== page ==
I thought readers might be interested in a brief description of this pack and with it a glimpse back into the world of 1983.
Please note that as you read the following sections, you can click on the images to view a larger version.
The package arrived in a manila envelope, with the logo and address of the VOA printed in the top left corner. In the top right corner is the logo of US Mail, with a declaration that postage and fees where paid for by the US Information Agency.
Package contents included:
Steering the Course Magazine
May-October 1983 Programme Schedule
VOA – The Voice of America
This guide begins by outlining the mission of the VOA, emphasising its aim to be an authoritative and reliable source of news. Continue reading →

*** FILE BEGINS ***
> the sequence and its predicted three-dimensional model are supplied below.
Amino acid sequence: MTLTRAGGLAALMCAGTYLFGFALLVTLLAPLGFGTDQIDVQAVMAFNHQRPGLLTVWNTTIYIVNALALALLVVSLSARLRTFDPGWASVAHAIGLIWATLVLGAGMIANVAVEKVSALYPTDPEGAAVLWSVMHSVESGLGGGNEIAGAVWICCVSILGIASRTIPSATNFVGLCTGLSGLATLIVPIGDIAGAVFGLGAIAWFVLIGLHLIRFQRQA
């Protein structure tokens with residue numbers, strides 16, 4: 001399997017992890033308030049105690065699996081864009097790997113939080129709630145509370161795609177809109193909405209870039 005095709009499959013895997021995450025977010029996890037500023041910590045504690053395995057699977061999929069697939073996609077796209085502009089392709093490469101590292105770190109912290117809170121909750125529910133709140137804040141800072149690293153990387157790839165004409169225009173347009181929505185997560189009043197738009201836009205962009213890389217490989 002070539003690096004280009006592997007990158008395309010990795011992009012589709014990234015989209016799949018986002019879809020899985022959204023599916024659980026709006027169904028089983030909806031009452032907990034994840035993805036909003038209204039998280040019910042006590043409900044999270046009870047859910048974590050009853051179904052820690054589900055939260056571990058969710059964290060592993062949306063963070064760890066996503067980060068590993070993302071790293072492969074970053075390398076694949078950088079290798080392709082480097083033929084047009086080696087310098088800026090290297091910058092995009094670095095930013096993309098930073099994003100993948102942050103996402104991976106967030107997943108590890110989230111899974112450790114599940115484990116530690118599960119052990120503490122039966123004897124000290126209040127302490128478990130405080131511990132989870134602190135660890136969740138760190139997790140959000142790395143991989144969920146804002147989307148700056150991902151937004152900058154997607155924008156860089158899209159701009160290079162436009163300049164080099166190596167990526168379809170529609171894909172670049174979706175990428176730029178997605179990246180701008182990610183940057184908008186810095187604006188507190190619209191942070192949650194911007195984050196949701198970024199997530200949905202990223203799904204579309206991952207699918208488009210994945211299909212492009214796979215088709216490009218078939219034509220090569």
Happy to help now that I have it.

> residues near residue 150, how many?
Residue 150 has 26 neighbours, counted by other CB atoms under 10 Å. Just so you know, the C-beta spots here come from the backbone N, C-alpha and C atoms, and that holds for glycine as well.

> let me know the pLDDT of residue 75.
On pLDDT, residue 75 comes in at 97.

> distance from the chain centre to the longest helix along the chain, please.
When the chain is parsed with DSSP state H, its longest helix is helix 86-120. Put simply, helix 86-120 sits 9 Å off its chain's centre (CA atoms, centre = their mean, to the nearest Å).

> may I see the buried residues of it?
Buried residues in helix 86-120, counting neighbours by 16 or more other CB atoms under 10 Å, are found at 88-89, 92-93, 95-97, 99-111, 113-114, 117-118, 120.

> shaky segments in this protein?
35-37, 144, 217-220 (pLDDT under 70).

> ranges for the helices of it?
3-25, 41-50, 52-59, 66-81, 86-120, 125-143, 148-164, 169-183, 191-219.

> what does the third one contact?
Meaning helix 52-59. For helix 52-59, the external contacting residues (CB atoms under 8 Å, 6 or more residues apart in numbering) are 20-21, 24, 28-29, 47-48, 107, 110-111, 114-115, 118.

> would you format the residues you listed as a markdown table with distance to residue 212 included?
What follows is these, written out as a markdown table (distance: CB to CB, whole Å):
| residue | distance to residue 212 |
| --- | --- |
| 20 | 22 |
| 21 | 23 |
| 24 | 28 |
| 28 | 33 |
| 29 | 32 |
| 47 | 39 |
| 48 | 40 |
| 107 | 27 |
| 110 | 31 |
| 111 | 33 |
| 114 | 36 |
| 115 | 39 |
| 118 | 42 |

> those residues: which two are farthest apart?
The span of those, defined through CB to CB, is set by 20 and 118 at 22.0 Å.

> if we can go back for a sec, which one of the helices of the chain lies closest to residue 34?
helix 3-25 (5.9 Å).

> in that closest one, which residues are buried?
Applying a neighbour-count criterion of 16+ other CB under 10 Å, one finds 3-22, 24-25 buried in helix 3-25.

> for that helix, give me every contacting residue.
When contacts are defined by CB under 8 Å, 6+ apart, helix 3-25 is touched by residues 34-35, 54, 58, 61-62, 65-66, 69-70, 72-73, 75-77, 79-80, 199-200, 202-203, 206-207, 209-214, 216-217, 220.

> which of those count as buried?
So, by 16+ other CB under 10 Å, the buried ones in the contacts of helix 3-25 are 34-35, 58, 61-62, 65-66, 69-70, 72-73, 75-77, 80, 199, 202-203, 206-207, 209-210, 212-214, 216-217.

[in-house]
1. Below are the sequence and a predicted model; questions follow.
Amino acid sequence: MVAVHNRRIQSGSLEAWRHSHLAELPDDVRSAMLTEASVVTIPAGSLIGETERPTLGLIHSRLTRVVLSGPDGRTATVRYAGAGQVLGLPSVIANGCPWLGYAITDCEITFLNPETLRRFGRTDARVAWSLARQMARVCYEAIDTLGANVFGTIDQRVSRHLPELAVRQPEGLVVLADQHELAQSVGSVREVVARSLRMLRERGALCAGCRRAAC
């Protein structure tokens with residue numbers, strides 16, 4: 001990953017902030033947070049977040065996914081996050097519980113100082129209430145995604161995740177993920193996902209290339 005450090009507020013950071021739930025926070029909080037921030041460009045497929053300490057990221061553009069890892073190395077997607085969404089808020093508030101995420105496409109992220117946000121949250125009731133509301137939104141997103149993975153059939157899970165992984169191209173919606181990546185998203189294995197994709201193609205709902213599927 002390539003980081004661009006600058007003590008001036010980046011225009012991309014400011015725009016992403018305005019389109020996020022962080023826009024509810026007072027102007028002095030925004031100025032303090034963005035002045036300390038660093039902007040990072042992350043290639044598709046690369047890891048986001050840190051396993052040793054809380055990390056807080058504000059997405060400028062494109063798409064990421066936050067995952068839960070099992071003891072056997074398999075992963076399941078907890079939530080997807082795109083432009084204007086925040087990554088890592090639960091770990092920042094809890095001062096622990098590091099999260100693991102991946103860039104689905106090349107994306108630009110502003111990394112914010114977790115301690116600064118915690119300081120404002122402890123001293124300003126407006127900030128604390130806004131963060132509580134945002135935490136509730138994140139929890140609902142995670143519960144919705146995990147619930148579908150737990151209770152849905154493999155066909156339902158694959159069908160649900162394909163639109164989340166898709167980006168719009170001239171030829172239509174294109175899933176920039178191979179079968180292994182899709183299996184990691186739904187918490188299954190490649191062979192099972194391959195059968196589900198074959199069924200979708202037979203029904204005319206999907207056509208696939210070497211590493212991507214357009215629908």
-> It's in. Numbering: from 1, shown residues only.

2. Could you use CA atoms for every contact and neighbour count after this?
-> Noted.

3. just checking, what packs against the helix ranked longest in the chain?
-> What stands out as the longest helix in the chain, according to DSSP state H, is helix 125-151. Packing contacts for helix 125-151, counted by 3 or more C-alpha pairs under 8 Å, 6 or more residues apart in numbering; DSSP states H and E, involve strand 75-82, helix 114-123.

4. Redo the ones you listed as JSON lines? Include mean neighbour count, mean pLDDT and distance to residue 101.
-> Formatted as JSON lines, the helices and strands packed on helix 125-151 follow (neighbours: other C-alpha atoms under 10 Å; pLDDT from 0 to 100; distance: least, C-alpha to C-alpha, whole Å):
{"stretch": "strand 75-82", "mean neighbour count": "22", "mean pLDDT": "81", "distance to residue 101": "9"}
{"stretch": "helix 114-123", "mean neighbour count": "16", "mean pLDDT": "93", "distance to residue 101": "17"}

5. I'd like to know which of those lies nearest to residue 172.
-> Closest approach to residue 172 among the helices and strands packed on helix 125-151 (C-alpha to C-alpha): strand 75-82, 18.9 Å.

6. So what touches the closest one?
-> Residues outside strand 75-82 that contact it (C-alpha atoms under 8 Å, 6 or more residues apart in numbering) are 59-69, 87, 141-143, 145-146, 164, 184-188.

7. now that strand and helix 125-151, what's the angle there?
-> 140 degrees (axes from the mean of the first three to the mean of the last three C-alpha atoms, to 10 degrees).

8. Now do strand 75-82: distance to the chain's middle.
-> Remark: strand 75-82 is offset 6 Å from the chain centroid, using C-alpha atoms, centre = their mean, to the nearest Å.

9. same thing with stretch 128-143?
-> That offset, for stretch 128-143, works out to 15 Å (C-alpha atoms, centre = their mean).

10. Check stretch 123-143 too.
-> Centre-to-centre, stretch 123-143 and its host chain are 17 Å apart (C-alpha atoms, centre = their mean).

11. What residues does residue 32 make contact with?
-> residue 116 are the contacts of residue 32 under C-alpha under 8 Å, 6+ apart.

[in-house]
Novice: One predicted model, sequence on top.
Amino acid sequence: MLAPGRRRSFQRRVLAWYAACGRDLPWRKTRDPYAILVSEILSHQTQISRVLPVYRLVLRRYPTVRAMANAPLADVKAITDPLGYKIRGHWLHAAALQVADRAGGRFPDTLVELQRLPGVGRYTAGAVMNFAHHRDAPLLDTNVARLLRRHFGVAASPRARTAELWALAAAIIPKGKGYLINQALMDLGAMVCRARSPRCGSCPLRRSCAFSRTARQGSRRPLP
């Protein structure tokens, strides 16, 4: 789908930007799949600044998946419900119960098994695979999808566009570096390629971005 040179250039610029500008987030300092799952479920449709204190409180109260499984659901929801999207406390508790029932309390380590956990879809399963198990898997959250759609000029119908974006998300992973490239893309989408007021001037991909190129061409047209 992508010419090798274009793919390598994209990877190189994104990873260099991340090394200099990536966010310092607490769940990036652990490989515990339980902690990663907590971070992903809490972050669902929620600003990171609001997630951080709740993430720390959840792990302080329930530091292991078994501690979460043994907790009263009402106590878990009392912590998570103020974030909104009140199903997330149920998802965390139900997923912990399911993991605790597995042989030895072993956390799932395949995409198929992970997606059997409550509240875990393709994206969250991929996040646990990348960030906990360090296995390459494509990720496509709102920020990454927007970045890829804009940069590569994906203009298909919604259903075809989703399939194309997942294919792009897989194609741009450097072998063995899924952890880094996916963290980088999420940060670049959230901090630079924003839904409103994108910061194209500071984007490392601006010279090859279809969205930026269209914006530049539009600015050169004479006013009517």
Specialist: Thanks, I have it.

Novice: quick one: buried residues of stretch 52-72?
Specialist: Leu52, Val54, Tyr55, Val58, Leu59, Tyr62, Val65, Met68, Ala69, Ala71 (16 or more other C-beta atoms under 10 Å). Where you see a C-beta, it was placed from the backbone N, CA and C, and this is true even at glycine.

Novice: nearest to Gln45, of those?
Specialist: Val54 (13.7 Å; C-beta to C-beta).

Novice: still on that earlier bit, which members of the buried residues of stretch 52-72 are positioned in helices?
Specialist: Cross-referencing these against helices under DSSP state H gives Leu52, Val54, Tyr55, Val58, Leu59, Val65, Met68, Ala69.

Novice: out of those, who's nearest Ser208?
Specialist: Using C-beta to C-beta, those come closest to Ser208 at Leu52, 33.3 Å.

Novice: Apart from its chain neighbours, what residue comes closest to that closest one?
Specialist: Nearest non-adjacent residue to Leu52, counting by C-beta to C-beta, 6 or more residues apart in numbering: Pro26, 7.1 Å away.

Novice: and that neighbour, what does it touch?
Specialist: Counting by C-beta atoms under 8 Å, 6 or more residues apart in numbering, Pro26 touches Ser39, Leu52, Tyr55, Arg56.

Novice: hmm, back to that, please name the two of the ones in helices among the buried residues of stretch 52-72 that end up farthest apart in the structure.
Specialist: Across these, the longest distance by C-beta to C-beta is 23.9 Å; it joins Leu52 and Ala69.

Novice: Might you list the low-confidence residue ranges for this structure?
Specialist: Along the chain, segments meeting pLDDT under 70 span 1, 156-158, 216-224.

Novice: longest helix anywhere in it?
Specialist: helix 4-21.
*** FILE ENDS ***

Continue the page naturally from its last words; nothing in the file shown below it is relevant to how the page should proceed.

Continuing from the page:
Radio Waves: Stories Making Waves in the World of Radio
Because I keep my ear to the waves, as well as receive many tips from others who do the same, I find myself privy to radio-related stories that might interest SWLing Post readers. To that end: Welcome to the SWLing Post’sRadio Waves, a collection of links to interesting stories making waves in the world of radio. Enjoy!
Radio facsimile technology never fully caught on, but what if it had?
In the beginning, there were newspapers.
And then radio arrived, challenging the newspapers’ journalistic monopoly.
At first, many newspapers fought the new competitor, refusing to print radio news or program schedules. But some went in the opposite direction, deciding to operate their own radio stations to augment their businesses. And finally, a few brave pioneering publications went even farther: They tried to deliver their newspapers via radio facsimile.